Kane’s exit completes a spectacular fall for the former county prosecutor who soared to victory four years ago as an outsider who promised to break up an “old-boys’ network” in state government. But she squandered her early popularity, feuded with rivals and aides, and ultimately was undone by what prosecutors portrayed as a personal vendetta for her critics and perceived enemies.
Now, Kane is facing jail time and cannot even practice private law after losing her license.
Kane’s office issued a two-sentence statement saying she would resign at the end of the workday Wednesday.
“I have been honored to serve the people of Pennsylvania and I wish them health and safety in all their days,” said Kane, a Democrat.
On Monday night, after hearing days of testimony about petty feuds, political intrigue and “cloak-and-dagger” machinations, a Montgomery County jury convicted Kane of all nine counts against her, including perjury, obstruction and official oppression.
Judge Wendy Demchick-Alloy ordered Kane to surrender her passport and threatened to jail her if she retaliated against the once-trusted aides who testified against her.
Kane’s lawyers vowed to appeal.
Democratic Gov. Tom Wolf had urged Kane to resign since she was charged a year ago, and leaders of the state Senate’s Republican majority threatened a vote to order her removal from office if she didn’t step aside immediately.
On Tuesday, Wolf called Kane’s situation “unfortunate.”
“Her decision to resign is the right one, and will allow the people of Pennsylvania to finally move on from this situation,” Wolf said in a statement.
Wolf gave no details about any plan to appoint a replacement for the remainder of Kane’s term, which was due to end in January. Voters will select a new attorney general in the November election.
The two years of turmoil in her office left Kane isolated in Pennsylvania’s political, legal and law enforcement community. She saw an exodus of top aides and fumbled corruption cases, and she made a string of eyebrow-raising accusations that later turned out to be unfounded.
After she was charged, the state Supreme Court suspended her law license, and she drained campaign funds to pay legal bills. She became the second attorney general to resign in disgrace since voters first elected an officeholder in 1980; Ernie Preate in 1995 was the first.
Kane, 50, ran as an outsider in 2012, financed by campaign cash from her then-husband’s family trucking fortune. On the campaign trail, she promised to investigate why it took her Republican predecessors three years to charge former Penn State assistant football coach Jerry Sandusky with child sex abuse and whether politics played a role.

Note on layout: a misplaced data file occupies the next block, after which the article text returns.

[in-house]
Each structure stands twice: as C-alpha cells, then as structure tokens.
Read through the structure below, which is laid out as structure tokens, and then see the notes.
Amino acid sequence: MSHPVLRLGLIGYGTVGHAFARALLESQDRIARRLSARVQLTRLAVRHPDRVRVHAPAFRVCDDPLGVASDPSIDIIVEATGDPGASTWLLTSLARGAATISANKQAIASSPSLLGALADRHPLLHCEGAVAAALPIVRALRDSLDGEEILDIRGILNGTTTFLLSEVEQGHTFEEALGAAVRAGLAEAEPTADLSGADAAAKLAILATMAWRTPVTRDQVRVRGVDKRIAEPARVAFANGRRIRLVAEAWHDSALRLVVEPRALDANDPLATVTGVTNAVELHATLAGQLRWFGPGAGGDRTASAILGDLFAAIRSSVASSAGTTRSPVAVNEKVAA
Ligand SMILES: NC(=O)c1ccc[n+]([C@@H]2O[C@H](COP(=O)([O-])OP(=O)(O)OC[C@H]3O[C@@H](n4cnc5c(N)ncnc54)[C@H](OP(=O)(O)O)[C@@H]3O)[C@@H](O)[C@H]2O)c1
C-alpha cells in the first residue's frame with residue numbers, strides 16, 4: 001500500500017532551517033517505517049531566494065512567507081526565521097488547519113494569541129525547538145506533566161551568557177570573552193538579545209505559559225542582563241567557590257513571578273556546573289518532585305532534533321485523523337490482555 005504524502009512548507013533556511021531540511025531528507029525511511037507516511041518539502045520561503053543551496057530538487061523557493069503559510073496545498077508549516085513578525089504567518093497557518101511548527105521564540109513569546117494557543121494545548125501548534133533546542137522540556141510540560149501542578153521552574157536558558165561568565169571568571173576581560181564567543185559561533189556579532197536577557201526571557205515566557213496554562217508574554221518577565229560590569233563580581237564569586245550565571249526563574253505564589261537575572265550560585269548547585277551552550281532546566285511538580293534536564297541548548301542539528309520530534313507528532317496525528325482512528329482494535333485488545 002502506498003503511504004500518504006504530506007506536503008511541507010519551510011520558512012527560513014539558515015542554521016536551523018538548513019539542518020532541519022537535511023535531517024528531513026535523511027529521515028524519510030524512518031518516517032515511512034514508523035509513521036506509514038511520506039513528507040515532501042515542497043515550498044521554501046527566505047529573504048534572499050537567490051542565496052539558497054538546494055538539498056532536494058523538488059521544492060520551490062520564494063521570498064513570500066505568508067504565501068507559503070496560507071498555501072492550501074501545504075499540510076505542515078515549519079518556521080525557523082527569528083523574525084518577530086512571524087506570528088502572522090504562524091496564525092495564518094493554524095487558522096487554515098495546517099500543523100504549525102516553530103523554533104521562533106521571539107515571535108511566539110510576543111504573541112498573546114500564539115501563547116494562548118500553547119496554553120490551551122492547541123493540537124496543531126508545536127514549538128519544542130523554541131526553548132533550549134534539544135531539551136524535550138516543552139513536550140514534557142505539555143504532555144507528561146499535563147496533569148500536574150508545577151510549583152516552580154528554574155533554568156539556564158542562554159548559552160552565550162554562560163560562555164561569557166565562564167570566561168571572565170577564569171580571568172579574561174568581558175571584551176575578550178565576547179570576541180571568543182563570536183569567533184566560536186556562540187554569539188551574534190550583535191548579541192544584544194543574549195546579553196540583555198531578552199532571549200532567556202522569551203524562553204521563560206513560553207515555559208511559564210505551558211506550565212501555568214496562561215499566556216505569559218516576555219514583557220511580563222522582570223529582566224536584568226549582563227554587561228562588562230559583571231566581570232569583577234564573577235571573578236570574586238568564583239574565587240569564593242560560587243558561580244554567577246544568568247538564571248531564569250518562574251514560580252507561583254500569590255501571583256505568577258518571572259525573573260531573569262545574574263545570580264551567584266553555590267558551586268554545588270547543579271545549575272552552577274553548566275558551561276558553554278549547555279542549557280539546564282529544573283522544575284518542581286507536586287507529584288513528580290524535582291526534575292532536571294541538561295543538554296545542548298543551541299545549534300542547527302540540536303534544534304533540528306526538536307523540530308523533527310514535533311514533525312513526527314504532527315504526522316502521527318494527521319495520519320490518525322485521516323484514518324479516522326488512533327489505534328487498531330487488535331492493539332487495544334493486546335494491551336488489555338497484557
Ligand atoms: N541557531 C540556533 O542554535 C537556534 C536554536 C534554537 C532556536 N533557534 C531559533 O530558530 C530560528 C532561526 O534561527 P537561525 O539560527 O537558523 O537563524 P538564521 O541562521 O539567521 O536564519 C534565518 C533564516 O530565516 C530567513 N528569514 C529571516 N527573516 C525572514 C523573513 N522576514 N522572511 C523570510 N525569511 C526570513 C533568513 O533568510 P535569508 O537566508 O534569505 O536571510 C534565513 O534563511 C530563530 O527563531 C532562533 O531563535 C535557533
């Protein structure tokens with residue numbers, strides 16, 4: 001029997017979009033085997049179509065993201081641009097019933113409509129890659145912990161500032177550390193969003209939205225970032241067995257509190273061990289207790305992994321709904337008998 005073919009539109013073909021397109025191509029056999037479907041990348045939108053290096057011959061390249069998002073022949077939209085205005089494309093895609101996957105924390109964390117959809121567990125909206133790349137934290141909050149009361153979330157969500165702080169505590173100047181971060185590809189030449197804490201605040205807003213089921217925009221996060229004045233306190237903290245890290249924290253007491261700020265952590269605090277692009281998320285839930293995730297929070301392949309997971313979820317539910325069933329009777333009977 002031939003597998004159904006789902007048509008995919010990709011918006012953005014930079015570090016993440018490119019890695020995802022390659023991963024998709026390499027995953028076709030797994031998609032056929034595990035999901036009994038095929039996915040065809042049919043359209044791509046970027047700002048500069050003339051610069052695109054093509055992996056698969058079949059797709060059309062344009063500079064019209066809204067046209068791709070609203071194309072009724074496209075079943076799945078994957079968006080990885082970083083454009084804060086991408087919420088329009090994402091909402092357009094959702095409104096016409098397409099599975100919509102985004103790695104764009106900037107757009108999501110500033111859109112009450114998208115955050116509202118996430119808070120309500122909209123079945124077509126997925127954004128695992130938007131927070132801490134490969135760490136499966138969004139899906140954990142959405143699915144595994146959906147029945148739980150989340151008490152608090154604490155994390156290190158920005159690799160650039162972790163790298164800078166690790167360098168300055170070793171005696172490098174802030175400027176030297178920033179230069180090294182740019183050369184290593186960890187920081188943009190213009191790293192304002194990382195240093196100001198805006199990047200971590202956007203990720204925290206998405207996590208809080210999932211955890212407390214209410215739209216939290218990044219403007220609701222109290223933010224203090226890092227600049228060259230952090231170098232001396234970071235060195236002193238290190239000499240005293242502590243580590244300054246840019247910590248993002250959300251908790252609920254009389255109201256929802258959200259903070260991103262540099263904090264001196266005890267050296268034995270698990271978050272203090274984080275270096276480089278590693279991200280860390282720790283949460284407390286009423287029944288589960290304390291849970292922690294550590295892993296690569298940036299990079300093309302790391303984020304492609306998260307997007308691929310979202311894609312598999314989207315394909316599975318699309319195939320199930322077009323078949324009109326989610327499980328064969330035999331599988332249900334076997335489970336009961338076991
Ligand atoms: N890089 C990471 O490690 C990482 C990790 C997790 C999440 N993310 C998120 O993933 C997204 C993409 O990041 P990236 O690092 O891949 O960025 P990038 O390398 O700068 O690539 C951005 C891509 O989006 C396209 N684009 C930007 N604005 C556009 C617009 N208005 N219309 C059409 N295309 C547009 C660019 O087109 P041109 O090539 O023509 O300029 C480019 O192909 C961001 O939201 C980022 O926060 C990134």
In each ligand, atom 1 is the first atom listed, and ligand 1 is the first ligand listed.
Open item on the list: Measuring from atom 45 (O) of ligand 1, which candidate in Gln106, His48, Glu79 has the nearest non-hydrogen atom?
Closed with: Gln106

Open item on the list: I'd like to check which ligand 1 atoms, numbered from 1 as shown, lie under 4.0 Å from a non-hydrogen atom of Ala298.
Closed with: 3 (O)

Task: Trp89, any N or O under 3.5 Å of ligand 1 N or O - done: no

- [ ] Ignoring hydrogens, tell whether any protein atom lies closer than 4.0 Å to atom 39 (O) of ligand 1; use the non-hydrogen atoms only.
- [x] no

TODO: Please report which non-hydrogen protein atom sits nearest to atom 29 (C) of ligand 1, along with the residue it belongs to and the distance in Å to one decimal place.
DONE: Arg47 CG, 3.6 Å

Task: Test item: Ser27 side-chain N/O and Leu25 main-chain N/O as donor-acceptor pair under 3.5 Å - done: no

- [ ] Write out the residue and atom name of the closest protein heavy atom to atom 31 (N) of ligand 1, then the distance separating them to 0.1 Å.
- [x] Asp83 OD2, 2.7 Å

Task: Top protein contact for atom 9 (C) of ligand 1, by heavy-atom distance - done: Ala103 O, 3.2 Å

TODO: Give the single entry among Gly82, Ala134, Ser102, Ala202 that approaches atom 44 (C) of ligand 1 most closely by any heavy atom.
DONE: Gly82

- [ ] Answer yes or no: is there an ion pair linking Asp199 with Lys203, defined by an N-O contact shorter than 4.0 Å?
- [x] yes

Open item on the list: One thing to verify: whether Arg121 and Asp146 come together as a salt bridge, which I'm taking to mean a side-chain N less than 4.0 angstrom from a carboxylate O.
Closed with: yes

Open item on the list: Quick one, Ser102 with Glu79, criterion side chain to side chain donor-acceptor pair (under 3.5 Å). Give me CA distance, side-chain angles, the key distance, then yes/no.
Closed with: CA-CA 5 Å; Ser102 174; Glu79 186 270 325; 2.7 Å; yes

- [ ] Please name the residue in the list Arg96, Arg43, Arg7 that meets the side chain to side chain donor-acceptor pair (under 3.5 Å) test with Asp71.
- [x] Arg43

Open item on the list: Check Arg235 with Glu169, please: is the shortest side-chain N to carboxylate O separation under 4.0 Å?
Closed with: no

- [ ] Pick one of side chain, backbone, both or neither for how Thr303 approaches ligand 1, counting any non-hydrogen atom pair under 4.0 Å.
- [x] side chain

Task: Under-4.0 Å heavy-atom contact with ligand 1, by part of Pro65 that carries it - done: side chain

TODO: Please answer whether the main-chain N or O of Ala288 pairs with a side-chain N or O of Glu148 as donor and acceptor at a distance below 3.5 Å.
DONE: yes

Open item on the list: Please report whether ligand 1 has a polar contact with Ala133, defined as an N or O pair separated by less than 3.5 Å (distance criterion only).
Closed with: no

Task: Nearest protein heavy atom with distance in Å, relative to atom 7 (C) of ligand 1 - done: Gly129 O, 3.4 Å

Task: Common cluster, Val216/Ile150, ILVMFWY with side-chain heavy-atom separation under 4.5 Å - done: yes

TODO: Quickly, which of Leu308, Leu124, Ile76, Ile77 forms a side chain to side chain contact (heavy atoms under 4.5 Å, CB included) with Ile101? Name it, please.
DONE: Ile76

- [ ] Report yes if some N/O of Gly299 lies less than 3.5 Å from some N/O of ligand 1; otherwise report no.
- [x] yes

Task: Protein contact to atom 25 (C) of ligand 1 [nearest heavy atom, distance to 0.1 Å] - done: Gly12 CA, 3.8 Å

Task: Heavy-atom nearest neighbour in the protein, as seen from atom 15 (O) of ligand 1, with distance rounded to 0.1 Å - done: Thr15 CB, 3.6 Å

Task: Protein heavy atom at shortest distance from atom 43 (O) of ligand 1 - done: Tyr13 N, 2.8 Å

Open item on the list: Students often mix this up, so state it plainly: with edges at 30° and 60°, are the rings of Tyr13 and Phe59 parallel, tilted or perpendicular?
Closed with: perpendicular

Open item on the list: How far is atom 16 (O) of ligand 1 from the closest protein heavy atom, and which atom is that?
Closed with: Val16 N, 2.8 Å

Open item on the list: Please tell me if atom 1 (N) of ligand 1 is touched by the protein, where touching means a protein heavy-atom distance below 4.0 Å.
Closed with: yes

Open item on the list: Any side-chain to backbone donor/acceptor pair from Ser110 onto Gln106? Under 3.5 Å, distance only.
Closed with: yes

She won in a landslide, and earned early praise from Democrats for refusing to defend a legal challenge to the state’s gay marriage ban.
Kane’s honeymoon as attorney general ended in March 2014, when The Philadelphia Inquirer reported that she had shut down an undercover sting that had caught a Philadelphia judge and five state lawmakers taking cash payments or gifts.
Kane’s criticism of the Sandusky case had triggered a bitter feud with the investigators who handled the case, and prosecutors say she suspected they had leaked the unflattering story to the Inquirer.
Seeking payback, she ordered aides to leak secret investigative information to the Philadelphia Daily News in an effort to show that her perceived enemies had bungled a 2009 probe into a Philadelphia NAACP official, Montgomery County prosecutors said.
“This is war,” she wrote in a 2014 email to a political strategist.
A special appointee concluded that the Sandusky case had not been dragged out for political reasons. But the inquiry unearthed a trove of interoffice emails containing sexually explicit images and crude jokes about women and minorities.
As authorities began building the leak case against her, Kane ordered the release of email chains, saying the misconduct allegations against her were concocted by a corrupt network inside law enforcement to stop her from exposing their raunchy exchanges. The email scandal ultimately precipitated the resignations of several high-profile state officials, including two state Supreme Court justices.
But the judge would not allow Kane’s lawyers to raise the email scandal in court as the motive to prosecute her.